Duncan Young: How can employers help staff achieve good health?

Duncan Young

Good health is not simply the absence of disease. This becomes apparent when a holistic approach to health and wellbeing is taken, which includes a range of elements that help people to thrive.

Although good health is specific to each person, employers can help on the journey to increased wellbeing. Employees spend a large proportion of the day travelling to or being physically at work, so the work environment itself can have a big impact on health.

The physical workplace employees occupy during their day at work can improve health through design, circulation and incidental movement, which is encouraged via dynamic work settings, social areas, providing natural daylight, indoor plants, facilities and indoor air quality. Well-designed workplaces can encourage people to make better health choices. For example, Lendlease provides lean rails in our meeting rooms to allow people the choice to sit or stand during meetings.

How employees plan their days also has a big impact on their health and wellbeing. In busy, 24/7 lives, it is easy for employees to forget to prepare their bodies for ‘their best day’ at work, and to forget the importance of eating well, taking regular breaks and engaging with other people in the workplace.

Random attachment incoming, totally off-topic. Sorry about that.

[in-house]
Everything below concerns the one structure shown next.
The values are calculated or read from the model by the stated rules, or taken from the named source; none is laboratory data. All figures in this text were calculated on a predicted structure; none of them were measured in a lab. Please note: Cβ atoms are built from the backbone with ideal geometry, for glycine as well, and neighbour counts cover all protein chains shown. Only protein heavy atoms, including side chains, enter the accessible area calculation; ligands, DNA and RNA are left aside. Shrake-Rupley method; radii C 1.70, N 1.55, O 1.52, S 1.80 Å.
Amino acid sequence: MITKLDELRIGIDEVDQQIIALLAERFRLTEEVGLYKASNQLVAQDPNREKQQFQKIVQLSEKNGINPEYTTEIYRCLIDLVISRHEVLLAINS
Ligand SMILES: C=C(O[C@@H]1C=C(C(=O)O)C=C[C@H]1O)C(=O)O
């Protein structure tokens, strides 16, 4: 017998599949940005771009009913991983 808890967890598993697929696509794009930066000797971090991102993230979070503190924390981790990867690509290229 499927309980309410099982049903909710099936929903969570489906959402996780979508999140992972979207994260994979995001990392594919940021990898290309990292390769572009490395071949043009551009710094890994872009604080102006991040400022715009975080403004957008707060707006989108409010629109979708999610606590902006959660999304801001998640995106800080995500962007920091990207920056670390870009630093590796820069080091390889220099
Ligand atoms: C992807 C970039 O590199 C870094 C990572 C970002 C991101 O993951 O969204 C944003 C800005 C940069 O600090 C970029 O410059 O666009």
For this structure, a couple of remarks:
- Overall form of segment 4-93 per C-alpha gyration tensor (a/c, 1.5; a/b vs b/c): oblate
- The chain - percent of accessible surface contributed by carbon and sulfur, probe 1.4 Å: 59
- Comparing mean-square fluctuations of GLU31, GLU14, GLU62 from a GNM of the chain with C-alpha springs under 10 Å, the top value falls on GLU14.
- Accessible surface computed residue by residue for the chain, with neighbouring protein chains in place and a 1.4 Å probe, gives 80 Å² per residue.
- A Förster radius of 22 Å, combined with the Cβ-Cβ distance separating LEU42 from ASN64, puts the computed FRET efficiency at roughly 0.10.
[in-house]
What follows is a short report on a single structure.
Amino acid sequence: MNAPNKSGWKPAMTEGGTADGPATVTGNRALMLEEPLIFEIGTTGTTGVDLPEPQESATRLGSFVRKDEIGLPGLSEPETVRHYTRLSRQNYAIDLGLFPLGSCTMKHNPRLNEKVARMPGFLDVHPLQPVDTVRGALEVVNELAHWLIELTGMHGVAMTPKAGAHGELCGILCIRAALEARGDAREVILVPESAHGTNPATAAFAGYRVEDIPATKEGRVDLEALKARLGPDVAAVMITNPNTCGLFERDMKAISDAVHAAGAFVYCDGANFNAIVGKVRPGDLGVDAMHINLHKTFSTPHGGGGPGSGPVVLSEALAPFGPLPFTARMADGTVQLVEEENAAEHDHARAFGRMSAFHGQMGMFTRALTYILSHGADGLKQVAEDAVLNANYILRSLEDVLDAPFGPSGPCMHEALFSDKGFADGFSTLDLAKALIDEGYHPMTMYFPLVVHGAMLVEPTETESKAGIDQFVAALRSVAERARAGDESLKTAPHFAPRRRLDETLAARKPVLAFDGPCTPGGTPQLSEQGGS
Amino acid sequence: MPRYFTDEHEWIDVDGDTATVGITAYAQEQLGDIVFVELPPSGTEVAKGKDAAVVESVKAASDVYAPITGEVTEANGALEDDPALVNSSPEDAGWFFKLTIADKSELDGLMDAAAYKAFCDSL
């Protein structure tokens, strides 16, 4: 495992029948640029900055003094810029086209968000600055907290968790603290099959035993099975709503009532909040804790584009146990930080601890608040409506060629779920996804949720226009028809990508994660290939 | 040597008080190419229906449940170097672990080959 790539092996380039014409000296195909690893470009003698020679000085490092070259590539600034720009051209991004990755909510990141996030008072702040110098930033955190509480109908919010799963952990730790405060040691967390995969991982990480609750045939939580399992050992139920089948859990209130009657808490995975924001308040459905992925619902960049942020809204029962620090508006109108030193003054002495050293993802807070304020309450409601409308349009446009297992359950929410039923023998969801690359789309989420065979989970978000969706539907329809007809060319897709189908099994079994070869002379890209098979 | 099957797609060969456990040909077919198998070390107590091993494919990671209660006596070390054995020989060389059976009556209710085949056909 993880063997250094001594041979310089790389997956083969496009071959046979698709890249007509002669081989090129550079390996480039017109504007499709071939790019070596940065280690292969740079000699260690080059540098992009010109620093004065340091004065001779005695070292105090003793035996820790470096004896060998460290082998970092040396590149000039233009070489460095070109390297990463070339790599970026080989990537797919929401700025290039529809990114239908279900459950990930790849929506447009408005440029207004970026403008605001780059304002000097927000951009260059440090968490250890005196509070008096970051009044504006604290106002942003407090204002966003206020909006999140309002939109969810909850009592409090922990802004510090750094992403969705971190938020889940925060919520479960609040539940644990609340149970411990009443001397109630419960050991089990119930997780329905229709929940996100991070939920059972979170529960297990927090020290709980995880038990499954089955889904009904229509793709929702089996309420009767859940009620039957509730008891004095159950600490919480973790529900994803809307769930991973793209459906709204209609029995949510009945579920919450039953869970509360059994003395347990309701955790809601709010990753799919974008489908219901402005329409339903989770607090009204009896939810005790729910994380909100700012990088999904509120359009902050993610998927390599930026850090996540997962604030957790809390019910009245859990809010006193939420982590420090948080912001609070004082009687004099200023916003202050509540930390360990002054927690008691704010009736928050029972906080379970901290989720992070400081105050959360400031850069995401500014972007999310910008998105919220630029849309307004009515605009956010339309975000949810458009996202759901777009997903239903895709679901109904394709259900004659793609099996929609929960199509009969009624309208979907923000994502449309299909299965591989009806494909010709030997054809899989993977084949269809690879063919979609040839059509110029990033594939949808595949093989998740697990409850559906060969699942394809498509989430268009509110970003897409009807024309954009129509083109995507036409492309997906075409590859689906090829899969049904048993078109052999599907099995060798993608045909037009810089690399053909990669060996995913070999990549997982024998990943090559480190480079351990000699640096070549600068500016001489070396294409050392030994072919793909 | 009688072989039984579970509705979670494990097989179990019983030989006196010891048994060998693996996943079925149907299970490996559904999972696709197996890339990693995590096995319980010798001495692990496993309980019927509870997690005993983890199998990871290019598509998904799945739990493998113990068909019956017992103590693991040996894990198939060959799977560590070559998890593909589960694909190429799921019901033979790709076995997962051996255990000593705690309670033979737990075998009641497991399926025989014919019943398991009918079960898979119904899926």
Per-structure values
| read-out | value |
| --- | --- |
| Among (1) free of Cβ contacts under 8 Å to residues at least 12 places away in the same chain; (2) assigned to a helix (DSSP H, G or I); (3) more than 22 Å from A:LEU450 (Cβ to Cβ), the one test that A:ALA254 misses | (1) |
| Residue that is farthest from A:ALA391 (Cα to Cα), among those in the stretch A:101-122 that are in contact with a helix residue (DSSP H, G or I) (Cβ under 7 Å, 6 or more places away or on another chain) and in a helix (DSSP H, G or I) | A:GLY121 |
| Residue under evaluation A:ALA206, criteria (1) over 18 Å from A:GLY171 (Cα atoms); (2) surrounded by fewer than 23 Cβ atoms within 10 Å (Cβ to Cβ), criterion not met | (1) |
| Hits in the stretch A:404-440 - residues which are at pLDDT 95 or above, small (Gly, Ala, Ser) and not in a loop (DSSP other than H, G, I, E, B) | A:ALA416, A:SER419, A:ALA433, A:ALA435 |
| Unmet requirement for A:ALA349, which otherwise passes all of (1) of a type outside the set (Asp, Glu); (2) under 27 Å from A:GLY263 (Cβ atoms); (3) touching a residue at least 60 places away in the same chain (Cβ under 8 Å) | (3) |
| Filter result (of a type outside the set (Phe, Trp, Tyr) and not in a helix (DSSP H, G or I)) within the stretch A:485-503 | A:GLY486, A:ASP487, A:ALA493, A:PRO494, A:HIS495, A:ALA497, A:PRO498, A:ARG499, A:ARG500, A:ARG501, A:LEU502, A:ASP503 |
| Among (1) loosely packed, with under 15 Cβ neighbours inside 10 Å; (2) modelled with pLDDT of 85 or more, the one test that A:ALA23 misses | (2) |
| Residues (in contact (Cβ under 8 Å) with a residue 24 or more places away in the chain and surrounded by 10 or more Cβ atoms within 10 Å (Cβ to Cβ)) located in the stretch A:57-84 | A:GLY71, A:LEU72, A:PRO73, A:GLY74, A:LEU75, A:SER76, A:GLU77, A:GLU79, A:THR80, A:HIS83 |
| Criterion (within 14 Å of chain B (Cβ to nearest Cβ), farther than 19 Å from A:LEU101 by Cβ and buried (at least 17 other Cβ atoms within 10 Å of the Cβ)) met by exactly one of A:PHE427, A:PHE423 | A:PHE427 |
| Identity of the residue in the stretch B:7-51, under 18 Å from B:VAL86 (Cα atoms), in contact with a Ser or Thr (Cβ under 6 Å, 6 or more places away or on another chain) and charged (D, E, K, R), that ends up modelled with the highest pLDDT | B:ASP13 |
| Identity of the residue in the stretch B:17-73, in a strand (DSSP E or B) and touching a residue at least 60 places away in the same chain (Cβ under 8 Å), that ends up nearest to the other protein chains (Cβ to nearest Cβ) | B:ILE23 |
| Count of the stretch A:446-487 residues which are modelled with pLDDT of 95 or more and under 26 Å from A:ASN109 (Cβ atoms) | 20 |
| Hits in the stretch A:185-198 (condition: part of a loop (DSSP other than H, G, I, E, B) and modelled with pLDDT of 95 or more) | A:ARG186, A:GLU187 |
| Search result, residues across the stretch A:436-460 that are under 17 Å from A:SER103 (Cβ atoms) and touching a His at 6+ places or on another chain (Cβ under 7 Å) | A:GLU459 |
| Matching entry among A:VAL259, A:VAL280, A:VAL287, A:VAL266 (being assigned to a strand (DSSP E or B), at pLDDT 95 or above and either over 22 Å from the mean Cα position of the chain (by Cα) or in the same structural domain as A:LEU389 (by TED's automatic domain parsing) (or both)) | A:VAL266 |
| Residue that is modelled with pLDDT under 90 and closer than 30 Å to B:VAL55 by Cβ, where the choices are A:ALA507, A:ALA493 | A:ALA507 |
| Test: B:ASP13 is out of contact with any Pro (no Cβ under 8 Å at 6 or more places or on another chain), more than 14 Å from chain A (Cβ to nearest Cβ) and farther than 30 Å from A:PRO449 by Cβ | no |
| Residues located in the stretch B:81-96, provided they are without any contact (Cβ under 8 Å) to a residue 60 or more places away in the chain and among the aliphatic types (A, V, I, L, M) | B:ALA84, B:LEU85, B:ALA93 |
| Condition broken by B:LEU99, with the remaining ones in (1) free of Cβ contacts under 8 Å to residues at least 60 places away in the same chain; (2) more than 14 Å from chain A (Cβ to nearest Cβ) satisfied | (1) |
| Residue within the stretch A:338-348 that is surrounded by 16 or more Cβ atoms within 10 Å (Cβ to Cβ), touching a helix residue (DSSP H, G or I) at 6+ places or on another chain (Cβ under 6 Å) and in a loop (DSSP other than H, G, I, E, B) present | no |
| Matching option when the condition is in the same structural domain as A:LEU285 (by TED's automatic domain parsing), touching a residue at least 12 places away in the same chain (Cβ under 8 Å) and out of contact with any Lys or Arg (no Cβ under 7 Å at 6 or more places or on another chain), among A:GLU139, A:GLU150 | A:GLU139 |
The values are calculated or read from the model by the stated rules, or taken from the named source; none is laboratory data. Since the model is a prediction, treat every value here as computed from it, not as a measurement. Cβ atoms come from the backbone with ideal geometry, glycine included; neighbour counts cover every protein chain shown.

The food employees consume either adds to or detracts from their health, so regular healthy eating breaks during the work day can help employees to stay focused. Talking to colleagues, on the other hand, helps increase employee engagement and allows tacit knowledge transfer, which could improve business success.

It is not just time at work that affects productivity; how employees sleep is often determined by their day, so how employees leave work can, therefore, impact their recovery and their performance the following day.

It is important to acknowledge that humans are social creatures and that we learn through observation, so peers and leaders can also have an impact in helping employees be better in both life and work.

Duncan Young is head of health and wellbeing, property at construction organisation Lendlease

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